As predicted, by myself and numerous other information security experts, lawsuits are becoming an increasingly common response to a security breach. The latest example: The American Federation of Government Employees is suing the Transportation Security Administration after the TSA lost a hard drive containing employment records for some 100,000 individuals, including names, social security numbers, dates of birth, payroll information and bank account routing information,

The drive went missing from the TSA Headquarters Office of Human Capital. The names included various personnel and even U.S. Sky Marshals. The law suit is AFGE, et al v. Kip Hawley and TSA (AFGE = American Federation of Government Employees and Kip Hawley is the TSA Administrator). The AFGE claims, that by failing to establish safeguards to ensure the security and confidentiality of personnel records, the TSA violated both the Aviation and Transportation Security Act and the Privacy Act of 1974.

Aviation and Transportation Security Act (ATSA) requires the TSA administrator "to ensure the adequacy of security measures at airports." The 1974 Privacy Act requires every federal agency to have in place security measures to prevent unauthorized release of personal records. Losing a hard drive containing employment records for some 100,000 individuals constitutes unauthorized release. Stay tuned for progress in the suit.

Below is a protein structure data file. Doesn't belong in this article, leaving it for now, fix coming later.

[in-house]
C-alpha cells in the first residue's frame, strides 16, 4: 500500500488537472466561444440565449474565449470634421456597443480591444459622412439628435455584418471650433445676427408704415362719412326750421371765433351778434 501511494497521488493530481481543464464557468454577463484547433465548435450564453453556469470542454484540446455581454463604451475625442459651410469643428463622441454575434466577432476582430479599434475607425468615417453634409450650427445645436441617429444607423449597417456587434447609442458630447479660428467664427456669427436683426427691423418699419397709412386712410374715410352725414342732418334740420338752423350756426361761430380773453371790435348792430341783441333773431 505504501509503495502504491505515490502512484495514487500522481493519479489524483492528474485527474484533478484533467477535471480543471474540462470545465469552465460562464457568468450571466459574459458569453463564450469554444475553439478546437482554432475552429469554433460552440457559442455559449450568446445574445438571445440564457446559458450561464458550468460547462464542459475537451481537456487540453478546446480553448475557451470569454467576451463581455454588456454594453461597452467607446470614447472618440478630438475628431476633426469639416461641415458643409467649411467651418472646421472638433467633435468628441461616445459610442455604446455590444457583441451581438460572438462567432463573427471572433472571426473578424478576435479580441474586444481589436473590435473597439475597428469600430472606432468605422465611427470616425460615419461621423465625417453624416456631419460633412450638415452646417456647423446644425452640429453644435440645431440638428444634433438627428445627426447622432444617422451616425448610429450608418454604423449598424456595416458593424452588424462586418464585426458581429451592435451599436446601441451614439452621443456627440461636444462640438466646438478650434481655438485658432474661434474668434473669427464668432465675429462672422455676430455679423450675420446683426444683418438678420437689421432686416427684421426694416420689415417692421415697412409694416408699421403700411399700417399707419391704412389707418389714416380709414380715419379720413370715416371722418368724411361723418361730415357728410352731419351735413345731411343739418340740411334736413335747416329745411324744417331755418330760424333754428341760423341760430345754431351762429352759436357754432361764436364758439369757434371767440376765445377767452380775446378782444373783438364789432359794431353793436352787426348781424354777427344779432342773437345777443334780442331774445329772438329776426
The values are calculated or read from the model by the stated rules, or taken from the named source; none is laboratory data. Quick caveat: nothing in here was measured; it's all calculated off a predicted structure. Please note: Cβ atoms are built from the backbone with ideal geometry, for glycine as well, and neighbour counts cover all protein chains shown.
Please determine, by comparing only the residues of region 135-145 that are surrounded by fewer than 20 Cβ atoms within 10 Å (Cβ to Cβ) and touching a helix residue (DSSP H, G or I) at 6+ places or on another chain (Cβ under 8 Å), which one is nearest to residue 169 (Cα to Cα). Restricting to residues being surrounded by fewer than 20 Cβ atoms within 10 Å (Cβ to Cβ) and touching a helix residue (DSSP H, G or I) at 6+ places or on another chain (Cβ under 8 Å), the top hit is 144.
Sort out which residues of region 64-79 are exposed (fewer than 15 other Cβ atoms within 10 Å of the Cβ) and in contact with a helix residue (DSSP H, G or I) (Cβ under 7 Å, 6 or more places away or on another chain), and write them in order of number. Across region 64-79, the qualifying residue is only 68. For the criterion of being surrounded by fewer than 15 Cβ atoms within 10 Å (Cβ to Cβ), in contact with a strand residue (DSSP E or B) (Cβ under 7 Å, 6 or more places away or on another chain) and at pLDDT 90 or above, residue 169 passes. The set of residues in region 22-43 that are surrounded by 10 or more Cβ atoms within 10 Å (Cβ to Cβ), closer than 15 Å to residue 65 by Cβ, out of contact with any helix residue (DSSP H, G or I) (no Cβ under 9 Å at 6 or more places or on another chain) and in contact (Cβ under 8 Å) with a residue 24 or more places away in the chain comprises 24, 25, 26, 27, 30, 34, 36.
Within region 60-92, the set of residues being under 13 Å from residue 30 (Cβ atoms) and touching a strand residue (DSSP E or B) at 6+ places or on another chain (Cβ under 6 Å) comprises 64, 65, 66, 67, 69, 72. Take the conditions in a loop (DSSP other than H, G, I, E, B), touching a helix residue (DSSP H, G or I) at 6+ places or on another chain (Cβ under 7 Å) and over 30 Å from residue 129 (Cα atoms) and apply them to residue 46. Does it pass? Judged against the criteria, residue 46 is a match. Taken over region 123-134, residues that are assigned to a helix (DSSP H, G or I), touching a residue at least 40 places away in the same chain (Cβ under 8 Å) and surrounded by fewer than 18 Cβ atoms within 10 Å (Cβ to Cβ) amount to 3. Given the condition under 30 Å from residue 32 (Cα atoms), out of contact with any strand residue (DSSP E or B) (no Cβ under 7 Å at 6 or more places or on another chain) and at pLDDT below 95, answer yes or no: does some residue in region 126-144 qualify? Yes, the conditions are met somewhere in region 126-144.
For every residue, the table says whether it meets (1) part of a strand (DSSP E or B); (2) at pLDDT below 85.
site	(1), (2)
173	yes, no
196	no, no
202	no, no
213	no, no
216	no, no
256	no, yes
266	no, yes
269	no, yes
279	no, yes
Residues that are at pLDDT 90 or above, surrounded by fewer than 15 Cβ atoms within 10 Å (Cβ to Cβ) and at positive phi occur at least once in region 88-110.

TSA web site dedicated to this incident.

Saturday, May 12, 2007

Thursday, May 10, 2007

Public Wi-Fi Often Wide Open, But Who Cares?

Nice article by David Colker of the LA Times, republished here in the Chicago Tribune: Public Wi-Fi may turn your life into an open notebook. He vividly reminds us that surfing with your notebook at Starbucks can be a less than private experience. There is quite a bit of personal irony in this for me.

Wi-Fi at Starbucks is served by T-Mobile which made a big noise in October of 2004 about offering secure Wi-Fi at all its hot spots: T-Mobile Rolls Out Strong Security at Wi-Fi Hot Spots. I am personally aware of this because back then I was Chief Security Executive at STSN, now iBAHN, which provides Internet service to thousands of hotels, hotel lobbies, restaurants, and conferences around the world. At the time, iBAHN was close to completing its own roll-out of secure Wi-Fi and was under the impression it would be the first such major provider to offer this level of security at all its locations. Naturally, T-Mobile's announcement stung, partly because it garnered headlines while being ambiguous. Consider this "reporting" which is close to the wording of T-Mobile's press release:
T-Mobile is introducing strong, 802.1x-based authentication and encryption across its network of 4,700 hot spots. The move, which appears to be the first use of advanced 802.1x-based security by a national mobile carrier in U.S. hot spots leverages the existing 802.1x infrastructure used to authenticate GSM (Global System for Mobile Communications)/GPRS (General Packet Radio Service) cell-phone users. "CIOs across the country have been asking for enhanced security, and we're the first U.S. wireless carrier to deliver it.